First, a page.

The first California legislature, in preparation for California's admission to the Union in 1850, expressly repealed the laws in force up to that time in favor of adoption of the English common law as modified by numerous statutes governing crimes, procedures and corporations passed during that 1849-50 legislative session. 1850 Cal.Stat. 219; Kleps, The Revision and Codification of California Statutes 1849-1853, 42 Calif.L.Rev. 766, 766 (1954). After 20 years of statutory revision and agitation for an accessible arrangement of the statutes, California in 1872 adopted David Dudley Field's code drafted for the New York legislature. Field's principal purpose in advocating and drafting the Civil Code was to systematize the common law rules, which consisted of the English common law with some American modifications. Harrison, The First Half-Century of the California Civil Code, 10 Calif.L.Rev. 185, 186-87 (1922). Thus, the English law of defamation became a part of California state law and a significant influence upon the future development of defamation law.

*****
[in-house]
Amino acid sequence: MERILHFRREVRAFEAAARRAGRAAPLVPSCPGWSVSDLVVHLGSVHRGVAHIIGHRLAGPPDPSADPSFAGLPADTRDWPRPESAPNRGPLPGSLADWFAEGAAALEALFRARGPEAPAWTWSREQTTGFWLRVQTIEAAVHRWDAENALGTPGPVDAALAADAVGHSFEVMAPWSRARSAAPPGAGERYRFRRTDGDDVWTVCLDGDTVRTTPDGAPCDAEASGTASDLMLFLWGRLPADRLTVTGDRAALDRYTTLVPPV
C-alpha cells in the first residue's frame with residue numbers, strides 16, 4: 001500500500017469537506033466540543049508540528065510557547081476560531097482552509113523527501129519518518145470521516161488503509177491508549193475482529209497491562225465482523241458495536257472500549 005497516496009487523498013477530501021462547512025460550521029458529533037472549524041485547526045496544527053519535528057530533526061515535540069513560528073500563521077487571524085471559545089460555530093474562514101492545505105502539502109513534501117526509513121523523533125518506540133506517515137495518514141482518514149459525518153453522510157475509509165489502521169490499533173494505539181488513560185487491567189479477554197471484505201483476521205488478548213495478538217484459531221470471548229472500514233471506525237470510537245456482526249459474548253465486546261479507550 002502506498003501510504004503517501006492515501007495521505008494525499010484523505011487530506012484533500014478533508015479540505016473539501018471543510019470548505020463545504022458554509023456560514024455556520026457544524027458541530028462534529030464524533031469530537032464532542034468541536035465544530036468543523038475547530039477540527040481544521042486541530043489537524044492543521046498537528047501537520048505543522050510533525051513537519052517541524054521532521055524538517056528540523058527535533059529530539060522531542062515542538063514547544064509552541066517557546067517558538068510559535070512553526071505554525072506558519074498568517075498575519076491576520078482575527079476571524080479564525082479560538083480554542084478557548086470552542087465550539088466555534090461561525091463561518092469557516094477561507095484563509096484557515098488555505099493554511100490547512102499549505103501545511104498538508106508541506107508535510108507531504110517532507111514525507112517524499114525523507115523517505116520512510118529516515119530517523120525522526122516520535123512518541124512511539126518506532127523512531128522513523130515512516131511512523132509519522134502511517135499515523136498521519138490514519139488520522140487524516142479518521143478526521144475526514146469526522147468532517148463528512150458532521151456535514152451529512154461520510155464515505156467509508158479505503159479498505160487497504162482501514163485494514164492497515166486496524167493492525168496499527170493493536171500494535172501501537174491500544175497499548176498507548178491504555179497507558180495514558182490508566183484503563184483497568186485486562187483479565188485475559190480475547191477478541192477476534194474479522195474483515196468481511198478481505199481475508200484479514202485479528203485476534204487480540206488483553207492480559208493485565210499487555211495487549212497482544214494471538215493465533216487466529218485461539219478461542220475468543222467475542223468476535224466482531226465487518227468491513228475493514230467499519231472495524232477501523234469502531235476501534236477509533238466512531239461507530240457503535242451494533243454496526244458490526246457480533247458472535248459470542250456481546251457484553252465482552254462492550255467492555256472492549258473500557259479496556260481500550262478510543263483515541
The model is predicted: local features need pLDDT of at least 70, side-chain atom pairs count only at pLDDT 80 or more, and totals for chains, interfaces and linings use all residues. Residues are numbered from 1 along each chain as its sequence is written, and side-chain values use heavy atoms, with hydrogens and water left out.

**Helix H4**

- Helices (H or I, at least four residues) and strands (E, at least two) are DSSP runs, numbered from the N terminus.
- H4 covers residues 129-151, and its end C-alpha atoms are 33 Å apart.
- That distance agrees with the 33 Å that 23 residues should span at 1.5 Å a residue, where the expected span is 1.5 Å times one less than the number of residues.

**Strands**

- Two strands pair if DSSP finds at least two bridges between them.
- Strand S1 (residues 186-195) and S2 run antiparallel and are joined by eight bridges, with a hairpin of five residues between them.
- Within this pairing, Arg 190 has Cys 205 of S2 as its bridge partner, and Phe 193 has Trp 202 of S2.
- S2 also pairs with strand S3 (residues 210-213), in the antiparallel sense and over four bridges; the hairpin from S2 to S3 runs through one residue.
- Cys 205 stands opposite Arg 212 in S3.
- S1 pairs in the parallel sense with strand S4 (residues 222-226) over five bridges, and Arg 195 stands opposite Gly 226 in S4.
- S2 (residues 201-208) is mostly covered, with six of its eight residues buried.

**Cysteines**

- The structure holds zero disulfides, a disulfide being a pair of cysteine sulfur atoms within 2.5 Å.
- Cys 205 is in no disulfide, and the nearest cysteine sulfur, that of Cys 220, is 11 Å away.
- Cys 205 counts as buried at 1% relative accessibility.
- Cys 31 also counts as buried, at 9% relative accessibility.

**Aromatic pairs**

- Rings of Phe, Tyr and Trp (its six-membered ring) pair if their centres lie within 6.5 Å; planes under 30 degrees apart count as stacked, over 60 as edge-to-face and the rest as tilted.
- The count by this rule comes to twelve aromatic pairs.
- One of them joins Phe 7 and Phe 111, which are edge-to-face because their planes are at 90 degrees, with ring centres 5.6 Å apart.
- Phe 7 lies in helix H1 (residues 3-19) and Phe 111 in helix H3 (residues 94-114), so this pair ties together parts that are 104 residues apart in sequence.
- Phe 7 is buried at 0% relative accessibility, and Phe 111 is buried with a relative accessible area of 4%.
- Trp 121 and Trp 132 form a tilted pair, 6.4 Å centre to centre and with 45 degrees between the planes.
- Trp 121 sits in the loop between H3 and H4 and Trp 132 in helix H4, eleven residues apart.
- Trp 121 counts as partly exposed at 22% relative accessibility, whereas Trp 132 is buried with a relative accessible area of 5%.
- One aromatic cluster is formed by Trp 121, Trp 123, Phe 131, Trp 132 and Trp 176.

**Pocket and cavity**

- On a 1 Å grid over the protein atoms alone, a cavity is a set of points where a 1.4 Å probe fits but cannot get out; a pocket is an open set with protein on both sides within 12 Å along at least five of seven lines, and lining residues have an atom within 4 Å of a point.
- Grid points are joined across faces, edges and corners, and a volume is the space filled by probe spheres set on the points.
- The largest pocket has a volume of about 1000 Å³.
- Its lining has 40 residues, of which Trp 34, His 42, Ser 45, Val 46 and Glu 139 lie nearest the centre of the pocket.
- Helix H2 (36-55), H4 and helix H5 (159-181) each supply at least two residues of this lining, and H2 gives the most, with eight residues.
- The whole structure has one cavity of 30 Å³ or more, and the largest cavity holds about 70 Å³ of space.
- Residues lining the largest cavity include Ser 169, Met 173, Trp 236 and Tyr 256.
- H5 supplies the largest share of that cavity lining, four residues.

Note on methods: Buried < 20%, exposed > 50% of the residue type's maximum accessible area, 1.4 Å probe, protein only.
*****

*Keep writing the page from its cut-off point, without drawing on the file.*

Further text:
For well over a thousand years Anglo-American law provided some measure of protection for one's good name. For example, the laws of Alfred, which were probably compiled in the late ninth century, provided that one found guilty of public slander be punished by "no lighter penalty than the cutting off of his tongue." 1 English Historical Documents 407, 413 (D. Whitelock 2d ed. 1979) (law no. 32). Mutilation of the defamer was not the usual remedy, however, for apart from Alfred's law, Anglo-Saxon customary law generally gave no remedy for defamation. 8 W. Holdsworth, A History of English Law 335 (2d ed. 1937). Defamation was left to the jurisdiction of canon law, which, being primarily interested in saving the soul of the sinner, required the defamer, while wrapped in a white shroud and holding a lighted candle, to acknowledge the false allegations and beg the pardon of the injured party. Since the only remedy was this public apology, the defamation action served only to vindicate the good name of the injured party. Lovell, The "Reception" of Defamation by the Common Law, 15 Vand.L.Rev. 1051, 1052 (1962).